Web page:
'What is the perfect human body?': These artists have surprising answers

One exhibit asks what the human body would need to look like to withstand a car crash.

‘WHAT WOULD THE human body look like if it was designed to withstand the impact of a low impact car crash?’

That’s the question artist Patricia Piccinini had in mind when she created ‘Graham’, the perfectly curated human body designed to take the impact of 30km/h car crash. 

graham Graham designed by Patricia Piccinini

His enlarged skull is filled with extra cerebrospinal fluid and ligaments to protect the brain, while the neck, one of the most vulnerable parts of the body in a collision, has been removed completely. 

Sacks have been placed between each of his ribs to create airbag-like cushioning, and extra joints in his legs allow him to jump out of the way quickly or bend around a car bonnet.

Graham along with other futuristic exhibits are set to go on display on Friday at the Science Gallery Dublin in the Perfection exhibition, which mixes technology with science to question what perfection in the human body would look like.

Professor Ciaran Simms of Trinity College Dublin said this exhibit highlights the vulnerabilities of the human body.

“Understanding how we receive traumatic injuries is a prerequisite to designing safe environments. Unfortunately, the complexity of the human body and the environments in which we operate make this a difficult task.

“What does this mean for injury prevention? We might envisage a personalised musculoskeletal passport which encodes our body shape and frailty, and which communicates with protective equipment in a car,” he said.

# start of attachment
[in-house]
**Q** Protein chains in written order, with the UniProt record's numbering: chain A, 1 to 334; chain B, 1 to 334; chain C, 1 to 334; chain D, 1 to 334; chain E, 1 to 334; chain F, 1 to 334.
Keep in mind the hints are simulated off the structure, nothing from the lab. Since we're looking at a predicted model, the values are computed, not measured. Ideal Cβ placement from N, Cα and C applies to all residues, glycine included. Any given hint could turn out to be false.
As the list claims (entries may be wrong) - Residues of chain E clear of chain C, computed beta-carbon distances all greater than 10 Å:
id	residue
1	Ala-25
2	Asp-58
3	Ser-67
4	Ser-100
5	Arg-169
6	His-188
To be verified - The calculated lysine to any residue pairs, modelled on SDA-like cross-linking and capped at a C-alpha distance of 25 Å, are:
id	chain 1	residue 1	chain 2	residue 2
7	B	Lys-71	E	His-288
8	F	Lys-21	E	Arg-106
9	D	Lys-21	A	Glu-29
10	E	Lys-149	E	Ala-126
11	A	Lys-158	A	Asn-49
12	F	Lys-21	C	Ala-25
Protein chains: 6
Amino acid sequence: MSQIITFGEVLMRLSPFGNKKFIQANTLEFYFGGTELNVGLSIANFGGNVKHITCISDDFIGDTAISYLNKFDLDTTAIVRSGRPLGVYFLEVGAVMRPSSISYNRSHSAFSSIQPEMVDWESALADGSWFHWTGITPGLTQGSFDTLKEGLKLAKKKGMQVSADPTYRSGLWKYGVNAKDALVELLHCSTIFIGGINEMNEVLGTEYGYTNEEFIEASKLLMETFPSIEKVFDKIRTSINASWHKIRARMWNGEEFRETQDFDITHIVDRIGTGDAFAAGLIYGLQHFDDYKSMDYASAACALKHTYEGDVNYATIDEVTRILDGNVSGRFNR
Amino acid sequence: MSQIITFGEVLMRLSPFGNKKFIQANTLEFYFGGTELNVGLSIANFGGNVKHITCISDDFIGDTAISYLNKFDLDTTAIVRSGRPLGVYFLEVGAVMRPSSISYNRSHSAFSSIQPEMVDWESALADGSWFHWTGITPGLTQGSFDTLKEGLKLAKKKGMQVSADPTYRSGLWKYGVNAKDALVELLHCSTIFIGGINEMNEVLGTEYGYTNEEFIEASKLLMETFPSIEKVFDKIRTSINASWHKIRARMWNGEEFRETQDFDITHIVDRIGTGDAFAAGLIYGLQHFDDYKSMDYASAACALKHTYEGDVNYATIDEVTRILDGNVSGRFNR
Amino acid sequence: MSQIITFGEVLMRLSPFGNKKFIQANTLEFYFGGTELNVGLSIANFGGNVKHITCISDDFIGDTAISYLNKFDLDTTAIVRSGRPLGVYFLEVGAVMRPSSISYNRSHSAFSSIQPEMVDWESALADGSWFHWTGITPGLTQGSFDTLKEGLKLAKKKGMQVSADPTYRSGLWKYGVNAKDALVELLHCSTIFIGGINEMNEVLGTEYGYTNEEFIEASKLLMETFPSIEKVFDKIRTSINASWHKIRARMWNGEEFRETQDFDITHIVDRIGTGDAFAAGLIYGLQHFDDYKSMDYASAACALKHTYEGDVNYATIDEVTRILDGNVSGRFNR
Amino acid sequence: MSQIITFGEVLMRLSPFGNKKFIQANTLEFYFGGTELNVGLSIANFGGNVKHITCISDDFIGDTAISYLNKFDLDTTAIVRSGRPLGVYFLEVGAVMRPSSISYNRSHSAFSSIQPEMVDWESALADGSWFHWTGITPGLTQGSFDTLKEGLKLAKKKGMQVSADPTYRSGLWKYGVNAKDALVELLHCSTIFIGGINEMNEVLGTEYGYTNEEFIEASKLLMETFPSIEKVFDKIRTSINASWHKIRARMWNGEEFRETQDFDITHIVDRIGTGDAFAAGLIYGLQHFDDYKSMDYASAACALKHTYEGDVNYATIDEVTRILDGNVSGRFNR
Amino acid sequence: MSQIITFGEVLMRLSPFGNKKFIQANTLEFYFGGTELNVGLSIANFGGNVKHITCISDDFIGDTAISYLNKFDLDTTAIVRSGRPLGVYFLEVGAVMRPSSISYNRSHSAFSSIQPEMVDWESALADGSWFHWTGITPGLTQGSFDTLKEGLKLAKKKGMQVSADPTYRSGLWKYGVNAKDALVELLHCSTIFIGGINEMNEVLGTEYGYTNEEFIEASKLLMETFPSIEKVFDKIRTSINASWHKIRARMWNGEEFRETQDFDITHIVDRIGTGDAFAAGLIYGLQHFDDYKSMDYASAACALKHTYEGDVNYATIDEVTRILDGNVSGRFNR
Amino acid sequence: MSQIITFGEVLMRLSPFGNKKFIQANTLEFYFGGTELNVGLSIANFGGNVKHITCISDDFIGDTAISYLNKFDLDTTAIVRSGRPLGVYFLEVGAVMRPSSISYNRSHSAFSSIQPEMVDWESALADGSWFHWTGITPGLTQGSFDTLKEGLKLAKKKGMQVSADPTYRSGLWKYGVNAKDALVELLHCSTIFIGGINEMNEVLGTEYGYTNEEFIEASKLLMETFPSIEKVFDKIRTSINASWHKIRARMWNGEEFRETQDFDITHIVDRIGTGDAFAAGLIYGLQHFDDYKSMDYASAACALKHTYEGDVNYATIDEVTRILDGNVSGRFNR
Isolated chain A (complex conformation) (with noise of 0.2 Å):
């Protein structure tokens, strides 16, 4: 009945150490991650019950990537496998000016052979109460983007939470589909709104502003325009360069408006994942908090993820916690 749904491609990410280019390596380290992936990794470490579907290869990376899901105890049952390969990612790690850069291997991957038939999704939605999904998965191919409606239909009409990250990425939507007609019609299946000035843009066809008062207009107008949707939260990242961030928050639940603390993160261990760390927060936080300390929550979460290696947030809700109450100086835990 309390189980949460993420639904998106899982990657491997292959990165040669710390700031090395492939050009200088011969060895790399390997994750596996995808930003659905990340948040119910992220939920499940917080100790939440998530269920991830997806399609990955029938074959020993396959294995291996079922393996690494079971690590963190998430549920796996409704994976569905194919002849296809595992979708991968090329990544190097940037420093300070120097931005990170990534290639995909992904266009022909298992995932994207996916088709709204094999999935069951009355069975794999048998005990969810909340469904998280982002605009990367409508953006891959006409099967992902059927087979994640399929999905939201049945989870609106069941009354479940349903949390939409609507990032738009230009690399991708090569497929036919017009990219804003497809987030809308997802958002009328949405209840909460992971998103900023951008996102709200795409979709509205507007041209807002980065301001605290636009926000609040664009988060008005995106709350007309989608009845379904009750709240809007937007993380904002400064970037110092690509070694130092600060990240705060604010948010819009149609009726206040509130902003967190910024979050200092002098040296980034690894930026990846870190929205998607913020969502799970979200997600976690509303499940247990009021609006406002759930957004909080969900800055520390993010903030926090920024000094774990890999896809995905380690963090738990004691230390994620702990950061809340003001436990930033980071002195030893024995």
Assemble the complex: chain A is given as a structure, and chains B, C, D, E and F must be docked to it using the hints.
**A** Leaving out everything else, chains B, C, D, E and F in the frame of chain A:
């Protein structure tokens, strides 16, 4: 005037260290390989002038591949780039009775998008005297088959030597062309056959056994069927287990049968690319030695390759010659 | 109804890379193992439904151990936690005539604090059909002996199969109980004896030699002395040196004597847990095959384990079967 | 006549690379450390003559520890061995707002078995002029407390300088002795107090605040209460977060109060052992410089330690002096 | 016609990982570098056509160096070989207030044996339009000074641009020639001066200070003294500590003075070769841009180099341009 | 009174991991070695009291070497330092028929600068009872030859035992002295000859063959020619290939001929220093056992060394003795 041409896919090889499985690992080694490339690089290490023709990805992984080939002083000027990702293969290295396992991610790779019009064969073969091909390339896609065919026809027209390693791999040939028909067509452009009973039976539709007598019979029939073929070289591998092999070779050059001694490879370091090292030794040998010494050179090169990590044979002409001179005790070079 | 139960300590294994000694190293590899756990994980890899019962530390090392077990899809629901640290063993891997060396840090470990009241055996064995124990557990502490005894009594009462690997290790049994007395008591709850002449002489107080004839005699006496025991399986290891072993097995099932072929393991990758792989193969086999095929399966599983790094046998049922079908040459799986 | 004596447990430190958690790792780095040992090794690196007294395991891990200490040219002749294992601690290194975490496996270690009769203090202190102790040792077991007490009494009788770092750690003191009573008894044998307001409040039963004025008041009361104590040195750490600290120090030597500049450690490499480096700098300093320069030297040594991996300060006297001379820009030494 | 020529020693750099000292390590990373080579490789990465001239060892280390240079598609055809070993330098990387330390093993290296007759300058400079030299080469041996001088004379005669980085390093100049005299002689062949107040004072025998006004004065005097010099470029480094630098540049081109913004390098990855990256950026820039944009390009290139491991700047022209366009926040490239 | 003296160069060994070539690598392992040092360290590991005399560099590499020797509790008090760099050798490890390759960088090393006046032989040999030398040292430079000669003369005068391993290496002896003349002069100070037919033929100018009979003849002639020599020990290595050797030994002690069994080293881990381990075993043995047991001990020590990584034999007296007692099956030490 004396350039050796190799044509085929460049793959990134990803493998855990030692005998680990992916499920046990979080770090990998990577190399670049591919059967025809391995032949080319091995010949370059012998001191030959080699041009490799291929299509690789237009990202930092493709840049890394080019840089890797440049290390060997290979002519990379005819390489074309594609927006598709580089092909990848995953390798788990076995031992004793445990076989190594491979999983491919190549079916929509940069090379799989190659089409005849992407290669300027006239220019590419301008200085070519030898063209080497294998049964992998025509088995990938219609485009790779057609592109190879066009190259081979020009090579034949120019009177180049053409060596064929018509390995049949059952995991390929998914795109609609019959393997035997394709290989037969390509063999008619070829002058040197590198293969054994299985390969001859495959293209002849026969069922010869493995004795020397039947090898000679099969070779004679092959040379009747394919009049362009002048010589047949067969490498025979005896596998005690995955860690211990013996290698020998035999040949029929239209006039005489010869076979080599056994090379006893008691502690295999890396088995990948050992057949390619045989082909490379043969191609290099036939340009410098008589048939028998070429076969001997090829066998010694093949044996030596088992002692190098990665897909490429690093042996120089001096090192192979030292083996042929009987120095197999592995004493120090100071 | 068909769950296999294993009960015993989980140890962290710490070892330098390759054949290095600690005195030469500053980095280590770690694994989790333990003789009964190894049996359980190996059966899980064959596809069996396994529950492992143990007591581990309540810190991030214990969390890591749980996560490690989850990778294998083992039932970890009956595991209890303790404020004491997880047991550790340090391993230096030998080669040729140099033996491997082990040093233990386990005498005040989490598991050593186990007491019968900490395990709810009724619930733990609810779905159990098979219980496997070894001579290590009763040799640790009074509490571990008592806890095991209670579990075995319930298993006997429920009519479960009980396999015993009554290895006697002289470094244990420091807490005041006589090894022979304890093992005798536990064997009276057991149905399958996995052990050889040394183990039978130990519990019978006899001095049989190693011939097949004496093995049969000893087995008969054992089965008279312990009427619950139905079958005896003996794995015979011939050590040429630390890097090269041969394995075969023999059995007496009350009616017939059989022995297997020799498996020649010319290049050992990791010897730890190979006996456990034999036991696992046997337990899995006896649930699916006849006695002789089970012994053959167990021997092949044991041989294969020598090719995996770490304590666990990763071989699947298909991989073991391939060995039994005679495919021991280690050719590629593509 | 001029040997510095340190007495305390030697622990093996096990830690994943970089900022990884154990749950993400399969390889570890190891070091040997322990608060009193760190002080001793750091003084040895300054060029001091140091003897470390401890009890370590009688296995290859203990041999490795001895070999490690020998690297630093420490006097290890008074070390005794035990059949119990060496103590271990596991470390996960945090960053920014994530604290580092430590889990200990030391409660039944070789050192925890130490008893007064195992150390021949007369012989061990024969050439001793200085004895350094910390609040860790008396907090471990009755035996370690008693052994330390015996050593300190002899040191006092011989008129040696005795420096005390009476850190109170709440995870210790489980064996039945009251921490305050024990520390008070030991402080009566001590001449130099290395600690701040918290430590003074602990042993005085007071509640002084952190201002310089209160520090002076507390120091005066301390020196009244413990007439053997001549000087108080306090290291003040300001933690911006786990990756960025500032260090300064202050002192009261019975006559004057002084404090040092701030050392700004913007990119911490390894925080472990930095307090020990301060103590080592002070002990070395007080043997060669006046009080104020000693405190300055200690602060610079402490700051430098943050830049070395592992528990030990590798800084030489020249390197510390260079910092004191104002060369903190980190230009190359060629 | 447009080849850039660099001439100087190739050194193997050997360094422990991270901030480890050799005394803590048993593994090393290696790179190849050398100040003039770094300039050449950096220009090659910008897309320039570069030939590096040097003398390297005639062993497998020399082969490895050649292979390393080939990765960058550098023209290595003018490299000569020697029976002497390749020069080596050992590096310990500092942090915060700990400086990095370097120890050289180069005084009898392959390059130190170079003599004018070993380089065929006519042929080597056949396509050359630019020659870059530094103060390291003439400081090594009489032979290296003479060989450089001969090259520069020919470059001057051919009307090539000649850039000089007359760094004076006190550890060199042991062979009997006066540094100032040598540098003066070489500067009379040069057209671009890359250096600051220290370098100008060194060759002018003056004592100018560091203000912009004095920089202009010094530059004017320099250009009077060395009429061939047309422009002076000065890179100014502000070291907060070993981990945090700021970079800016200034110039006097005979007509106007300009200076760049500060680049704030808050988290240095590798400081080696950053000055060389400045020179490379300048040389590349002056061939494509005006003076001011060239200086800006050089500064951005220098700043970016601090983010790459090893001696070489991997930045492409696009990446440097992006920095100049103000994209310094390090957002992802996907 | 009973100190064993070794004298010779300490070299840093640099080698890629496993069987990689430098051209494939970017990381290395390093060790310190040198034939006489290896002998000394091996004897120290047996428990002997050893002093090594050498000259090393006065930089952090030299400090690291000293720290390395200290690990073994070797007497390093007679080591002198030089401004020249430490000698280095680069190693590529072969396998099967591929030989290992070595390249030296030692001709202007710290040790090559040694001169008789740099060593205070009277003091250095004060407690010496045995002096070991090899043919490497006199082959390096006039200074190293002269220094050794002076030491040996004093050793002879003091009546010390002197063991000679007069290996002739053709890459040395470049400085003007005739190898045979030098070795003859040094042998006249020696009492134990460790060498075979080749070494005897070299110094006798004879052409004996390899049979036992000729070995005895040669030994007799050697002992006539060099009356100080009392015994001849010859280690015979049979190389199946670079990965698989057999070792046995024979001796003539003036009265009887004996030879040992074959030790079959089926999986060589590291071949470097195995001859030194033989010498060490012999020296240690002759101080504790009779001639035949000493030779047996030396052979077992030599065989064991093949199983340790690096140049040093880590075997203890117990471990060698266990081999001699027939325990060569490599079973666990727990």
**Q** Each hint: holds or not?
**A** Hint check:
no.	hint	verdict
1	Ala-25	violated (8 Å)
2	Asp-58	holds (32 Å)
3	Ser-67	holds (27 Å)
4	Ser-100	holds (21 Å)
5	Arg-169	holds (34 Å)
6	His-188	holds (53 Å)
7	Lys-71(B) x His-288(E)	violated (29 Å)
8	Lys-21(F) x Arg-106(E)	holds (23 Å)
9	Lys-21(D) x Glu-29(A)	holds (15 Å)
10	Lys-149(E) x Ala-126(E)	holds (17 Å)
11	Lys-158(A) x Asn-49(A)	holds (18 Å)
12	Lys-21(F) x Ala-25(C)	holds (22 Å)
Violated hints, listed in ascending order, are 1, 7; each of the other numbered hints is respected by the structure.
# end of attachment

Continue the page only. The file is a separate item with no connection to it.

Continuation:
Another exhibit set to go on display asks whether humans will develop intimate relationships with robots. 

‘Harmony’, a robot that can be customised to look exactly how you want it to look including the shape of her eyes and lips, will be showcased to the Irish public. 

Harmony Harmony is a customisable robot designed to question the relaitonship between humans and robots

The robot is capable of its own facial expressions and movements, communicates via artificial intelligence and has multiple personalities. 

“Although it might appear strange and taboo, the prospect of creating a synthetic partner could seem oddly attractive to many people,” Professor Conor McGinn of Trinity College Dublin said. 

In a modern world where people seem to have less and less time, it offers unparalleled convenience, asks for nothing in return, and will never break your heart.

“Plus, it can be designed to resemble the bodily ideals of men and women that would normally be accessible only through glossy magazines or on posters that inhabit the walls of teenagers’ bedrooms,” he added. 

The exhibition, which is free to attend, is set to run from next Friday until 6 October with a number of talks lined-up to run alongside it. 

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